How to Grow Vegetables in Container Gardens

Overview

Container gardens are ideal for people who would like to enjoy the health benefits of consuming fresh, homegrown vegetables but lack the proper space for a large vegetable garden. You do not need a lot of space to grow your own vegetable garden. A small patio, balcony or even your back porch can become the perfect spot for a beautiful mini garden. Container gardens are portable, easy to care for and tend to have less problems with fungus and inadequate soil conditions. Take care of your container garden by providing it with the right amount of water and sunlight and you will be rewarded with an abundance of nutritious and delicious vegetables.

Step 1

Visit your local garden center and choose the types of vegetables you plan to grow in your container garden. Many vegetables that you would grow in a typical garden such as eggplant, tomatoes, green onions, lettuce, peppers, squash, radishes, cucumbers, turnips, beets and beans will thrive in a container garden.

Step 2

Choose an area of your yard or patio to set up your container garden that is well ventilated and receives adequate sunlight. Most vegetables need at least five to six hours of sun a day. Root vegetables such as onions and beets will require less sun than plants that produce fruit such as peppers and tomatoes.

Step 3

Select containers that are deep enough to hold the proper amount of soil to give the roots of the vegetables room to spread out and grow. Crops such as herbs and onions can be grown in containers with a diameter of 6 to 8 inches and a depth of 10 to 12 inches. For crops such as tomatoes and peppers, five gallon plastic buckets work well. Create proper drainage by adding 1 to 2 inches of gravel to the bottom of the container. For best results choose containers that have holes on the bottoms and sides of the container.

Step 4

Purchase a ready made soil mix especially created for container gardens. This type of soil has been sterilized and is free of fungus, disease and weed seeds. Ready made soil also drains well and retains its moisture and nutrient content. To provide your vegetable plants with an added boost of nutrients, add organic matter such as compost to the mix. To do this you will need to add one part compost to every three parts of soil.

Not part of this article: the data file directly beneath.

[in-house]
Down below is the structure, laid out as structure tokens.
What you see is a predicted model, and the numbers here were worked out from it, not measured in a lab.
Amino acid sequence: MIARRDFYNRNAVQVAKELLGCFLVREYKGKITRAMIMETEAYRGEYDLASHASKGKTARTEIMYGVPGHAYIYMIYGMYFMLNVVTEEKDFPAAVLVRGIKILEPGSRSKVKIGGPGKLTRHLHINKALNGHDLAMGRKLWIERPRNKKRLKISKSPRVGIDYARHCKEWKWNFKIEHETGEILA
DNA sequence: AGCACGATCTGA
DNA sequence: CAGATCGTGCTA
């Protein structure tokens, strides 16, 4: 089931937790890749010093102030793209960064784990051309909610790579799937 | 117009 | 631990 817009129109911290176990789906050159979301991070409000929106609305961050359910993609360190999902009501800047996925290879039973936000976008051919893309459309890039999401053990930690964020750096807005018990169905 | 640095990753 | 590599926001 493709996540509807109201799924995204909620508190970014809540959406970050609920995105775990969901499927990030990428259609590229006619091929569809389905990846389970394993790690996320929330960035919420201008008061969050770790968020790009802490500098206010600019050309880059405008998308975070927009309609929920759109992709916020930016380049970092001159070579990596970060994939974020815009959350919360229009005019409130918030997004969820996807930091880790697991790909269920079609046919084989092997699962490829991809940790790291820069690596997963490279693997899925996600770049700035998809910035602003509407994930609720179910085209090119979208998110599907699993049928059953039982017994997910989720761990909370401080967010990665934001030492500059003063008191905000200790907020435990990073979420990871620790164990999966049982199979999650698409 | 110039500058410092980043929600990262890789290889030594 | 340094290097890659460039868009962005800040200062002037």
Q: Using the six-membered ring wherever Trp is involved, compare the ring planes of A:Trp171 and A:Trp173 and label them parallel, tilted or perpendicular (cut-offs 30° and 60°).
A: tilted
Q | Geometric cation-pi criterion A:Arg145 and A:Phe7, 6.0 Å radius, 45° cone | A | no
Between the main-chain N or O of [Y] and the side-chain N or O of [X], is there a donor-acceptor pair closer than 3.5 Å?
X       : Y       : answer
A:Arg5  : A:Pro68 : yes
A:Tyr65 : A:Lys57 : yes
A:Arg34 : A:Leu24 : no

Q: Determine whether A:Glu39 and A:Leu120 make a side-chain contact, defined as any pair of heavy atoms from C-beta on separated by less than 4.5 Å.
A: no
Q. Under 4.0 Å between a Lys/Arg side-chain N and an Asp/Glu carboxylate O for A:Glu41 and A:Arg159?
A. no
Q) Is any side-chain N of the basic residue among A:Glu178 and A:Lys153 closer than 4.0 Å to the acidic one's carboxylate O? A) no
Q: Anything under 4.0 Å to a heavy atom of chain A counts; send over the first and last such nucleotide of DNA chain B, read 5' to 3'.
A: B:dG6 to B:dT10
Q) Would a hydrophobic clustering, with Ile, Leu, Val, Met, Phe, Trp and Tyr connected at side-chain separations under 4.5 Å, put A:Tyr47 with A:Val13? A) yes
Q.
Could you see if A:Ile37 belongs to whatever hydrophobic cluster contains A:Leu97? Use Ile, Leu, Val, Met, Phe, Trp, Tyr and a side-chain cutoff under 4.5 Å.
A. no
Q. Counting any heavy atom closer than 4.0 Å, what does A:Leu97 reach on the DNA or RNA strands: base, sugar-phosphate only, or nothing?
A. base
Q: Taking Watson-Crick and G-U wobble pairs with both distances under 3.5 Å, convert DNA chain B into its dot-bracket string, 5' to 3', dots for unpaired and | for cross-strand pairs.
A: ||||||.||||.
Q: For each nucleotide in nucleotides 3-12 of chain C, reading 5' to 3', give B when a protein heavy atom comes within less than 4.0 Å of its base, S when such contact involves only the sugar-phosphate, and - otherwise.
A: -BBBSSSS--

Step 5

Add an all-purpose organic fertilizer according to the package directions to the soil when you plant the vegetables. As the vegetables begin to grow, fertilize the plants with a soluble fertilizer. Apply the fertilizer to the soil around the base of the plants each time you water.

Step 6

Water the container garden once a day, thoroughly soaking the soil. Container gardens can dry out quickly depending on the temperature outside as well as the size of the container. To guarantee the container retains the proper moisture level, it is best to never let the soil dry out more than two inches deep.

Tips and Warnings

  • Do not choose a fertilizer that is too high in nitrogen, as this will prevent tomato plants from producing an abundance of blooms.

Things You'll Need

  • Vegetable plants and seeds
  • Sunlight
  • Assorted containers
  • Ready made soil mix
  • Organic matter
  • All-purpose organic fertilizer
  • Water soluble fertilizer
  • Water

References

  • Texas A&M Extension: Vegetable Gardening in Containers

Who Can Help

  • Container Gardening Tips
  • Vegetable Gardening Site
  • No Dig Vegetable Garden
Keywords: container, garden, vegetables, small spaces

About this Author

Kim Waits is a writer and educator living in the scenic mountains of North Georgia. Waits has over 10 years experience writing, teaching and researching for a variety of mediums, including curriculum writing for grades Pre-K through 5th grade. Waits studied "Strategies for Promoting Language & Early Literacy Development" with Dr. Hanne Gettschalk. She specializes in writing about early childhood education.